9th science

Structure of The Atom

Valency

You have read that noble gases have fully filled outermost shell. Due to this, they are stable and they do not react with other elements. Other elements also tend to attain stable configuration by completing the octet in their outermost orbit. This is important to note that, the number of electrons in the outermost orbit of an element is closer to octet. An element can lose or gain electron in order to complete the octet. This tendency of losing or gaining electrons imparts valency to an element.


Let us take example of hydrogen. Hydrogen can readily lose or gain an electron. So, its valency is one. Now, let us take example of Hydrochloric Acid (HCl). One atom of chlorine combines with one atom of hydrogen to form hydrochloric acid. In this case, hydrogen loses one electron and thus gets +1 charge. On the other hand, chlorine gains an electron and thus gets – 1 charge. So, valency of hydrogen and chlorine are one.

Valency can be defined as combining capacity of an atom.


Example:

Hydrogen molecule: Hydrogen has only one electron in its outermost orbit, thus it requires one more electrons to complete its outermost orbit. Therefore, in order to complete outermost orbit, hydrogen shares one electron with another hydrogen atom and form H2 (hydrogen molecule).

In the case of LiCl (Lithium chloride); Lithium has three electrons in its outermost orbit and chlorine has seven electrons in its outermost orbit. Thus in order to make outermost orbit completely filled lithium loses one electrons and chlorine gains one electron. After losing one electron, lithium has two electrons in its outermost orbit and after gaining one electron, chlorine has eight electrons in its outermost orbit. And they form LiCl (Lithium chloride)


Isotopes

Elements having same atomic number but different atomic masses are known as Isotopes.

Example:

Carbon-12, Carbon-13, Carbon-14 are thee isotopes of carbon atom. Here 12, 13 and 14 are the atomic masses of isotopes of carbon respectively. Since, atomic number is the unique property of an atom, thus the atomic number of carbon is 6 even in the case of three types of carbon (isotopes)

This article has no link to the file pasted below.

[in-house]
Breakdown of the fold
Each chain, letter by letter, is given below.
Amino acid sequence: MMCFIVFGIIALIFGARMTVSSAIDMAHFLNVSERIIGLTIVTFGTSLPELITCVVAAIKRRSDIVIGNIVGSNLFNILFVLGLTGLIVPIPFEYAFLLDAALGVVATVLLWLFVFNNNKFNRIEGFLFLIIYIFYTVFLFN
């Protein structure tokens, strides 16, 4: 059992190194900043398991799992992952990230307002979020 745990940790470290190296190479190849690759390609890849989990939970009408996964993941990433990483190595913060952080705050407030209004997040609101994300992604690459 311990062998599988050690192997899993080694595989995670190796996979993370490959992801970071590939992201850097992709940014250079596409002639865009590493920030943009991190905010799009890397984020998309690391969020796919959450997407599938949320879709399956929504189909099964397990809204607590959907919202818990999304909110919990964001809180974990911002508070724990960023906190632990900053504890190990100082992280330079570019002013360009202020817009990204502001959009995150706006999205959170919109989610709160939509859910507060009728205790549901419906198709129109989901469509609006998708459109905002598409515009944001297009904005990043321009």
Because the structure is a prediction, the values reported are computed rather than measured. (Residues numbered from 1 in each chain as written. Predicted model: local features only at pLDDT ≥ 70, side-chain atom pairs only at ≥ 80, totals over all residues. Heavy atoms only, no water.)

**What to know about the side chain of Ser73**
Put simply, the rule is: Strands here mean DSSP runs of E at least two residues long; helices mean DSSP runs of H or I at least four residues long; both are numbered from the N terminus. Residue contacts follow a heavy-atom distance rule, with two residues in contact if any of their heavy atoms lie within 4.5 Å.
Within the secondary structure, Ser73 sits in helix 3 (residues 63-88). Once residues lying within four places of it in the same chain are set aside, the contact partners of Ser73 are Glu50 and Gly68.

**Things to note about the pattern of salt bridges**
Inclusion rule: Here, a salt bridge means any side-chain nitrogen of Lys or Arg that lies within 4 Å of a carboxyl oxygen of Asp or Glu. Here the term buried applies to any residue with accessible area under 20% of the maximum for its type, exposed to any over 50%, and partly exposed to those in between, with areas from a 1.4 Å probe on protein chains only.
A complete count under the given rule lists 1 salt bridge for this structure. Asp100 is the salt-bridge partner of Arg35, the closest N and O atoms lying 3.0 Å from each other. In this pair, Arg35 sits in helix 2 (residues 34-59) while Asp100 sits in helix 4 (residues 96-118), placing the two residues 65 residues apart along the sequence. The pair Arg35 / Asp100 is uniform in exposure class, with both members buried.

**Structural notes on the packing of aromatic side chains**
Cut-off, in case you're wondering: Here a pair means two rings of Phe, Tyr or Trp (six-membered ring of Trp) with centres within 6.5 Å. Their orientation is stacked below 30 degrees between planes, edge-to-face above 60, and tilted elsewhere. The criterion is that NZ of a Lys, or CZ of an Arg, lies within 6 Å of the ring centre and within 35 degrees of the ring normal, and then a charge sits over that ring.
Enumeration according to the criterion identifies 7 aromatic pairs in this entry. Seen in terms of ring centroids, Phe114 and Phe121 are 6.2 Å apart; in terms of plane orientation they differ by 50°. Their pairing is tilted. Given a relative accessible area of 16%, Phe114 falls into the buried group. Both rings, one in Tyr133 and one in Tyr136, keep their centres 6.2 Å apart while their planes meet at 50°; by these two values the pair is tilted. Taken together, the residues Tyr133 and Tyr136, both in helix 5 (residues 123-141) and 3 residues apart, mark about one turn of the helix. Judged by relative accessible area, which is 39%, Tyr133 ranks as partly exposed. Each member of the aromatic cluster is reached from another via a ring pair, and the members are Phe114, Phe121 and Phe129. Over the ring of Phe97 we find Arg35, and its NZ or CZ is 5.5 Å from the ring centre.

126Carbon, 136Carbon, 146Carbon,

Hydrogen-1, Deuterium–2, Tritium-3 are three isotopes of hydrogen.

The isotopes of hydrogen are written as:

11Hydrogen, 21Deuterium, 31Tritium


Uses of Isotopes:

Carbon–14 (C-14) is used in carbon dating. This technology is utilised for finding the age of materials found in archaeological excavation. This helps in determining the periods of various events in history. Even fossil's age can be determined by using this technology.

An isotope of uranium is used as fuel in nuclear reactor.

An isotope of cobalt is used in treatment of cancer.

An isotope of iodine is used in treatment of goitre.


Isobars:

Atoms having same atomic mass and different atomic numbers are known as Isobars.

Example:

4018Ar (Argon) and 4020Ca (Calcium)

Both the elements have same atomic mass equal to 40 but different atomic numbers, i.e. argon has atomic number equal to 18 and calcium has atomic number equal to 20.




Thomson Model

Bohr Model

Atomic Number

Electronic Configuration

Elec Config N to Mg

Elec Config Al to Ca

Valency

In Text Solution

NCERT Solution